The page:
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WA lands commissioner reflects on 2021 wildfire season

The wildfire season in the Inland Northwest is winding down. It was a season that began early and continued with intensity during the heat of July and August. More than a dozen big fires were regularly burning throughout the three states. The Methow and Yakima valleys experienced weeks of smoky air.

We asked Washington Lands Commissioner Hilary Franz to compare the 2021 fire season with the 2020 version, which hit its peak during early September.

Hilary Franz: “Both years started the same. It was largely in the middle and the end that was different. Last year we started to get some cooler temperatures in that July period, then, all of a sudden, we started to go, you know, it may not be as bad as we thought. We knew it was still going to be bad, but it may not be as horrific as we thought it would be. It was that Labor Day firestorm where we had those hurricane-force winds. Everybody’s out on the landscape. We had 56 fires that first day and we had 24 the next, where 620,000 acres burned in 72 hours. This year, what we had was  not one significant, catastrophic weekend. Instead we had one week after another week after another week of catastrophic fires. It started July 1 and it hung all the way through until mid-September, where things started to finally change for us. We were fighting on the landscape anywhere between 11 and 17 significant fires every single day since July 1 to Labor Day. Many of those fires hung on for quite some time, for weeks, as you can see with the 25 Mile fire, the Schneider fire, the Cub Creek fires, Cedar Creek fires. The drought this year was huge, where a majority of the state was in drought-like conditions. The moisture content of our landscape was around 2%, whereas paper is around 5% moisture content. So our landscape was burning faster than paper and we all know how fast paper can burn. And we didn’t get much let up. We didn’t get much moisture on it. It helped that we didn’t have the kind of hurricane-force winds than we did on Labor Day. If we did, it would have been far more tragic.”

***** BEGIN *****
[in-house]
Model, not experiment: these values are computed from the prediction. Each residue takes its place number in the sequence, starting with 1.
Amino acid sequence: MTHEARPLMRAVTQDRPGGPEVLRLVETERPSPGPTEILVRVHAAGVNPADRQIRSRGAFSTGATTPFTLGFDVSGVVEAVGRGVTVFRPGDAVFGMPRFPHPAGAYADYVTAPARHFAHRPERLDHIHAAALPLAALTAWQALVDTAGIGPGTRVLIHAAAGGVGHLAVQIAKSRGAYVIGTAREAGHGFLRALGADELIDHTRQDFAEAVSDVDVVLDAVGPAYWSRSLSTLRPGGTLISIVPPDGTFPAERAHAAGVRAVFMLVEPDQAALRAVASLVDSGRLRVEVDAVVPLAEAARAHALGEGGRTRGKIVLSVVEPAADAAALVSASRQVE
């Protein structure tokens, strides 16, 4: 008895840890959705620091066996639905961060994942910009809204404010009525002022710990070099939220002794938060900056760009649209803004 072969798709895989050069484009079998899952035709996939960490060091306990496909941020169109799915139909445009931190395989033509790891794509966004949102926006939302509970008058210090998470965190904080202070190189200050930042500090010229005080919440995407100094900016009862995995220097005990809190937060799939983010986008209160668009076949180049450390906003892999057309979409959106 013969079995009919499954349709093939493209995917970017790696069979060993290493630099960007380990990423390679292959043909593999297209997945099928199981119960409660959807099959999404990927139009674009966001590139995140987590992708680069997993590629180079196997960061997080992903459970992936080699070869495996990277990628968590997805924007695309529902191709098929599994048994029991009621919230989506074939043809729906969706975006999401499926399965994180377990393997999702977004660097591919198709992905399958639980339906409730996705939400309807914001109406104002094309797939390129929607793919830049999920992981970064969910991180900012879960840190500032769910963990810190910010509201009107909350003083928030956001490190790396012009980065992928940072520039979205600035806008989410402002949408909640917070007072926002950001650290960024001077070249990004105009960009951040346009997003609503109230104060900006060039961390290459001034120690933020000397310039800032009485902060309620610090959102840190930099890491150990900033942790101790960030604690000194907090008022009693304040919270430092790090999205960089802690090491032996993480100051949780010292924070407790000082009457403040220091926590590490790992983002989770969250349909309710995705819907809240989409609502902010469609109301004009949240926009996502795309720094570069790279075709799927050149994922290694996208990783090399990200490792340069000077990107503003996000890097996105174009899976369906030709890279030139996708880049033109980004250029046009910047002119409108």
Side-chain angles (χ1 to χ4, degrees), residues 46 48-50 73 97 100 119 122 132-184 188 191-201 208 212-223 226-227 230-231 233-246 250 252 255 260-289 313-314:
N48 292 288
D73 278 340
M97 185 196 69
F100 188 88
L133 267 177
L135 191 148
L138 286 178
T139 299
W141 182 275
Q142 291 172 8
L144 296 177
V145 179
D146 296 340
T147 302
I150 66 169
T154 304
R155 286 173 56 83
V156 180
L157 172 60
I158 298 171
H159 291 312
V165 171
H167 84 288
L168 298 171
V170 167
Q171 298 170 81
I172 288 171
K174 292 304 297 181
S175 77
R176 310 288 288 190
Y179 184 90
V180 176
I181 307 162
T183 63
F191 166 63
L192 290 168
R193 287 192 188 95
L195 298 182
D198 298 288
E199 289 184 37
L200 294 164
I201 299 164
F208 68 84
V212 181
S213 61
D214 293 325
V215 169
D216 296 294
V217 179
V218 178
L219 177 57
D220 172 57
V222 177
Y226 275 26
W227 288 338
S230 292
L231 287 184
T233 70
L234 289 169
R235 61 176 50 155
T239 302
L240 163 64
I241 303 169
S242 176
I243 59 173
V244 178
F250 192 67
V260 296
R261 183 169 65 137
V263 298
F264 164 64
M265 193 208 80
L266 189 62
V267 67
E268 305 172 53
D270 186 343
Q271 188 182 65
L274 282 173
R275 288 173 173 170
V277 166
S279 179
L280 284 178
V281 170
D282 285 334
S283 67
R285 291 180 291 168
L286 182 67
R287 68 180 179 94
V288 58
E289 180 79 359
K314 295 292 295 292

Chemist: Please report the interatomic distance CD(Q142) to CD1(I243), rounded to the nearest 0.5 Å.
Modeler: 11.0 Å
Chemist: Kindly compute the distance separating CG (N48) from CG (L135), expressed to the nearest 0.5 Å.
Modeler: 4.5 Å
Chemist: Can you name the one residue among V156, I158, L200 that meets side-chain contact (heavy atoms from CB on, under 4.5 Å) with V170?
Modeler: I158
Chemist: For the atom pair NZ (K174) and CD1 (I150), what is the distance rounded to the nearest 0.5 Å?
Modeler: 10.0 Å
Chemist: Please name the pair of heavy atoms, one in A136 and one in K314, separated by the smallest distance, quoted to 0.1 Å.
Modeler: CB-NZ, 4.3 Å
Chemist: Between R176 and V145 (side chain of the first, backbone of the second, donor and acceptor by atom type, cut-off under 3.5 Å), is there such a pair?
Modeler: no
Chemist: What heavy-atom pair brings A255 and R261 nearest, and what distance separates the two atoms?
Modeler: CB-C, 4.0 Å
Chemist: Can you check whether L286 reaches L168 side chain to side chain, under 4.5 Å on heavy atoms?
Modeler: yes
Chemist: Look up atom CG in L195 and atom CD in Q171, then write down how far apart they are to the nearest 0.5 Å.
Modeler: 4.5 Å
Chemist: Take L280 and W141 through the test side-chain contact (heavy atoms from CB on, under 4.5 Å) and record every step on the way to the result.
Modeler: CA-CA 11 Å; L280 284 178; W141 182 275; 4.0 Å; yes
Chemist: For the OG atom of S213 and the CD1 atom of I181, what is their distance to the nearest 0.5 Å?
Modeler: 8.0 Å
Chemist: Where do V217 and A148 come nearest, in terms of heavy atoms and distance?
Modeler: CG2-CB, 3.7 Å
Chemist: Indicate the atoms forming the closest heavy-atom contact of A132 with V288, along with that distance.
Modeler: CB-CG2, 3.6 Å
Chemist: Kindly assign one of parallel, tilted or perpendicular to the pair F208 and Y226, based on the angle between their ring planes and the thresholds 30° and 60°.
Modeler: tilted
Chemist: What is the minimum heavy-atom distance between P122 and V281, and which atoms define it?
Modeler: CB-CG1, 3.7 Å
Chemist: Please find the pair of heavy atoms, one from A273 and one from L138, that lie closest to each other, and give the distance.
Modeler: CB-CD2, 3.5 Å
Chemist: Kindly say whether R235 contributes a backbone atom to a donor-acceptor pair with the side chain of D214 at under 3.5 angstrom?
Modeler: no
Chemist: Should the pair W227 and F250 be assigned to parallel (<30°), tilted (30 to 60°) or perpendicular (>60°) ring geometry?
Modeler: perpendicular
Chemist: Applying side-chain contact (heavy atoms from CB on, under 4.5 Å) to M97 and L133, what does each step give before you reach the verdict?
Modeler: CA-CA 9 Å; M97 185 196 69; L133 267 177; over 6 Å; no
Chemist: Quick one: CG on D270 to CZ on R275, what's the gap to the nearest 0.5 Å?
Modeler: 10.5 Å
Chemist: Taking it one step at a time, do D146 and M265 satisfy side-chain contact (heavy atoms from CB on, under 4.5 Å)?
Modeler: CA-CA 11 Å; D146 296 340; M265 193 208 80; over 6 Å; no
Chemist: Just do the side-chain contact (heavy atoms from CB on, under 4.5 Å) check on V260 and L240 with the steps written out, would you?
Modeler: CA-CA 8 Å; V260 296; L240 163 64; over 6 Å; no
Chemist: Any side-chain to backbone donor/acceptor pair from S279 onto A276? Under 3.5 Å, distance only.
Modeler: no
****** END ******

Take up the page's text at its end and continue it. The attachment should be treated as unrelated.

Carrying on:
Read more on this story at Spokane Public Radio

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